One U.S. computer scientist, Stephen Thaler of Missouri, has maintained that his AI programs are sentient and should be legally recognized as the creators of artwork and inventions that they generated. He has sued the U.S. Copyright Office, petitioned the U.S. Supreme Court and has a patent case before the U.K. Supreme Court.
Meanwhile, many artists and companies that own creative content fiercely oppose granting copyrights to AI owners or users. They argue that because the new algorithms work by training themselves on vast quantities of material on the open web, some of which is copyrighted, the AI systems are gobbling up legally protected material without permission.
Stock photo provider Getty Images, a group of visual artists and owners of computer code have separately filed lawsuits against owners of AI programs including Midjourney, Stability AI and ChatGPT developer OpenAI for copyright infringement, which the companies deny. Getty and OpenAI declined to comment.
Sarah Andersen, one of the artists, said granting copyrights to AI works "would legitimize theft."
Kashtanova is being represented for free by Morrison Foerster and its veteran copyright lawyer Joe Gratz, who is also defending OpenAI in a proposed class action brought on behalf of owners of copyrighted computer code. The firm took on Kashtanova's case after an associate at the firm, Heather Whitney, spotted a LinkedIn post by the artist seeking legal help with a new application after the "Zarya" copyright was rejected.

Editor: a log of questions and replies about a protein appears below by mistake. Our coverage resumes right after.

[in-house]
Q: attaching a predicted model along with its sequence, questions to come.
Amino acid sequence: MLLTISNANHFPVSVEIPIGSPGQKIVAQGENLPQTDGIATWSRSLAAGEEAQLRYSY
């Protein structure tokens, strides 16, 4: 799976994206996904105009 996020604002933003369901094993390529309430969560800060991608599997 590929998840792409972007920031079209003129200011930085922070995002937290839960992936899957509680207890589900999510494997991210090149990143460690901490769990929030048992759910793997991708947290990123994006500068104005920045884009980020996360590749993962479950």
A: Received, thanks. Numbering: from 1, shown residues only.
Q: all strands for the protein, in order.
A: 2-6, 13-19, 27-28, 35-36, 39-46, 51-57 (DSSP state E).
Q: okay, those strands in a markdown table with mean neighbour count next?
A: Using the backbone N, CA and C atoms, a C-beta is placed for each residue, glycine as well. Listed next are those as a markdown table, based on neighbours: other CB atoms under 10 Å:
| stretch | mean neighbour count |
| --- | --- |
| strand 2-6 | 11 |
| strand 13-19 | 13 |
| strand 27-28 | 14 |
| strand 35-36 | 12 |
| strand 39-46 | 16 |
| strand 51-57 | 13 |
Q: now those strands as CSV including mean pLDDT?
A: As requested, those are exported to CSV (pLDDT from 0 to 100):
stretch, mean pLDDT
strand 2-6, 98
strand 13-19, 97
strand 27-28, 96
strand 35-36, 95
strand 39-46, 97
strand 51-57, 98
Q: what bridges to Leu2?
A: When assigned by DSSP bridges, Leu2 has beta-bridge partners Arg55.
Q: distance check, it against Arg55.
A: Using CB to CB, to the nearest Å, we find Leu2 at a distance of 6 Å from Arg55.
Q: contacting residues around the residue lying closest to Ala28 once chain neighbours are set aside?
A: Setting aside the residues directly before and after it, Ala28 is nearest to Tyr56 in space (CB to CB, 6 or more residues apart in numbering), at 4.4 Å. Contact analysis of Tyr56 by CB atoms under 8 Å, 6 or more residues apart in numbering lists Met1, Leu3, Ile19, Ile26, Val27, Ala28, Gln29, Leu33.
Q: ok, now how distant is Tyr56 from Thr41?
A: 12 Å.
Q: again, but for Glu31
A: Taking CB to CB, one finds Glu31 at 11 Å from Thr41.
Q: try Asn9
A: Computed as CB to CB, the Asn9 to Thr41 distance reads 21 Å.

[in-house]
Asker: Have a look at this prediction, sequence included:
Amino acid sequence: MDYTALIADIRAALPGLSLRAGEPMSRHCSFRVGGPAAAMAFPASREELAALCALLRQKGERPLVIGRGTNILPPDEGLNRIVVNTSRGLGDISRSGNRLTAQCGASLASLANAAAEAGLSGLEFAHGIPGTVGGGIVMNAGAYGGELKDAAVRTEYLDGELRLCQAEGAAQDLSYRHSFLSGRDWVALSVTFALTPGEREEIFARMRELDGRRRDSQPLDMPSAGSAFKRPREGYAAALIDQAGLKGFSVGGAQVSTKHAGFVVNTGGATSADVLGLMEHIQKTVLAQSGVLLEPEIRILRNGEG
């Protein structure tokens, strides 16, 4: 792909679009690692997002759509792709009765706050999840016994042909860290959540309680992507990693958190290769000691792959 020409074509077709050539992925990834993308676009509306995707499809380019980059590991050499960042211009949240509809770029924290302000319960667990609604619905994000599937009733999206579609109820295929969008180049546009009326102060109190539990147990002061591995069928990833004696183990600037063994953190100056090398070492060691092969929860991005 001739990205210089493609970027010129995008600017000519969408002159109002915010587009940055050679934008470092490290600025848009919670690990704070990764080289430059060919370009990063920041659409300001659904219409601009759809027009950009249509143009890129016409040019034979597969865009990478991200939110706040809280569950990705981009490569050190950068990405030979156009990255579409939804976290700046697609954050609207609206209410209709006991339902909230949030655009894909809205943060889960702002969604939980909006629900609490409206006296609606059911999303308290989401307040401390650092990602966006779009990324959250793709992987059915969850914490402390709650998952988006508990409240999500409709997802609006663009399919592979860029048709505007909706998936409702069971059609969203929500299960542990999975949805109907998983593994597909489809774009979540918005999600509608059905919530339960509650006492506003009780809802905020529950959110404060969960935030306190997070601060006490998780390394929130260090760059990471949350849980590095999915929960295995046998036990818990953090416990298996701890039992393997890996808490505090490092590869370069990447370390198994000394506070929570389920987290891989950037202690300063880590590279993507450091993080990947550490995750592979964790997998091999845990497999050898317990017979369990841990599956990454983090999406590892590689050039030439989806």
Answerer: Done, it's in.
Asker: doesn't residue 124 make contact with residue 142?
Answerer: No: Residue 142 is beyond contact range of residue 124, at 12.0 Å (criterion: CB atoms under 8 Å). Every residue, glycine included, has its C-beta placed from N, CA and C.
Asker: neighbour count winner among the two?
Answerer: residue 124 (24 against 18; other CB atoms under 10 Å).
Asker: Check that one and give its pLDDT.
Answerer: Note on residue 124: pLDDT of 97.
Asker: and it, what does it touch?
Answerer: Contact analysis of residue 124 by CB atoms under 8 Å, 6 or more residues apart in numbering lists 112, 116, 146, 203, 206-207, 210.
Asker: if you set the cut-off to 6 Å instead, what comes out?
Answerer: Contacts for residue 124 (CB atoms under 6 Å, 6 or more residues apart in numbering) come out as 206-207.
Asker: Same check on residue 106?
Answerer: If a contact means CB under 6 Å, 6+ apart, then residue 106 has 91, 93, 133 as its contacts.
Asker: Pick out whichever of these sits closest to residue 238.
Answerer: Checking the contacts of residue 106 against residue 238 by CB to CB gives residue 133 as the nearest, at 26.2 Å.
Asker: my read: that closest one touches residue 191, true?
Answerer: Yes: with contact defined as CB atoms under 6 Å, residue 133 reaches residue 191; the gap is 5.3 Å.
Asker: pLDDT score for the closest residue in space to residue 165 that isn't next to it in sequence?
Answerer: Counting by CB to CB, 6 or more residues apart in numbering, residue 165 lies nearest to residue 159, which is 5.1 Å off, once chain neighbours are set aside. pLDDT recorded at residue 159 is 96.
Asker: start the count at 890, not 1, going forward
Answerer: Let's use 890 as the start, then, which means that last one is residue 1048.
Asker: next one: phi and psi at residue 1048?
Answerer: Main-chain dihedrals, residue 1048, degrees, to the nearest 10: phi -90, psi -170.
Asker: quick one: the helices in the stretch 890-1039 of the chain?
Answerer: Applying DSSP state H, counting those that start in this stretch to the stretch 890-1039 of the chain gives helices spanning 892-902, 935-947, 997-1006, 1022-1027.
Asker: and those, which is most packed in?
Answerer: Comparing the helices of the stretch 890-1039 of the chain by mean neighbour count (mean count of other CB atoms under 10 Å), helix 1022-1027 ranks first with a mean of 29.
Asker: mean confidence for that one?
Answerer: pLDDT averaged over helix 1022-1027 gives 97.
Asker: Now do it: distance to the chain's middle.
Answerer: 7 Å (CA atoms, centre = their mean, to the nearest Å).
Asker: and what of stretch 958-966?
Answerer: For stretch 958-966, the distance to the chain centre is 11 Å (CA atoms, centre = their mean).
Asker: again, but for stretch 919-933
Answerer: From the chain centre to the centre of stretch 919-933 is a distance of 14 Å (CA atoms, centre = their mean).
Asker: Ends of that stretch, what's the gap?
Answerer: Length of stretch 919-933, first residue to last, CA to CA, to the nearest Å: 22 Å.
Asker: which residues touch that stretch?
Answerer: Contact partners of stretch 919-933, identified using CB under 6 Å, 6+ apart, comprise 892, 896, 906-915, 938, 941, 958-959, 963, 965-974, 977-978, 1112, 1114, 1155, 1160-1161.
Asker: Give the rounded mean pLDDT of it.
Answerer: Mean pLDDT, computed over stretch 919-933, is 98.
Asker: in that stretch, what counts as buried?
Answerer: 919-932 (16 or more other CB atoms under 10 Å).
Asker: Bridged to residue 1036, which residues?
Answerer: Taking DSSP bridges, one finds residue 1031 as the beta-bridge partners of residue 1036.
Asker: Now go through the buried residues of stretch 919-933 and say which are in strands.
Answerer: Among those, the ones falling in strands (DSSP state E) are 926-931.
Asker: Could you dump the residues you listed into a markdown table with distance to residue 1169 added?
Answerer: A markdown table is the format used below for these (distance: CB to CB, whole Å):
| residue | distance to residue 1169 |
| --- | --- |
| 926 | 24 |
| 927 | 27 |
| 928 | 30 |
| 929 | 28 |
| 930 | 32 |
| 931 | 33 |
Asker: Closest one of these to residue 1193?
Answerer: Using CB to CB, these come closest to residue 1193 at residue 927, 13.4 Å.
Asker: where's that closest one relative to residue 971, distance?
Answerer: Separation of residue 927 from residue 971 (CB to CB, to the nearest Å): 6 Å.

"These are hard questions with significant consequences for all of us," Gratz said.
The Copyright Office said it reviewed Kashtanova's "Zarya" decision after discovering the artist had posted on Instagram that the images were created using AI, which it said was not clear in the original September application. On March 16, it issued public guidance instructing applicants to clearly disclose if their work was created with the help of AI.
The guidance said the most popular AI systems likely do not create copyrightable work, and "what matters is the extent to which the human had creative control."
Kashtanova, who identifies as nonbinary and uses "they/them" pronouns, discovered Midjourney in August after the pandemic largely shut down their work as a photographer at yoga retreats and extreme-sports events.
"My mind was completely blown," the artist said. Now, as AI technology develops at lightning speed, Kashtanova has turned to newer tools that allow users to input original work and give more specific commands to control the output.
To test how much human control will satisfy the copyright office, Kashtanova is planning to submit a series of copyright applications for individual images chosen from the new autobiographical comic, each one made with a different AI program, setting or method.
The artist, who now works at a start-up that uses AI to turn children's drawings into comic books, created the first such image a few weeks ago, titled "Rose Enigma."
Sitting at a computer in their one-bedroom Manhattan apartment, Kashtanova demonstrated their latest technique: they pulled up on the screen a simple pen-and-paper sketch they had scanned into Stable Diffusion, and began refining it by adjusting settings and using text prompts such as "young cyborg woman" and "flowers coming out of her head."
The result was an otherworldly image, the lower half of a woman's face with long-stemmed roses replacing the upper part of her head. Kashtanova submitted it for copyright protection on March 21.
The image will also appear in Kashtanova's new book. It's title: "For My A.I. Community."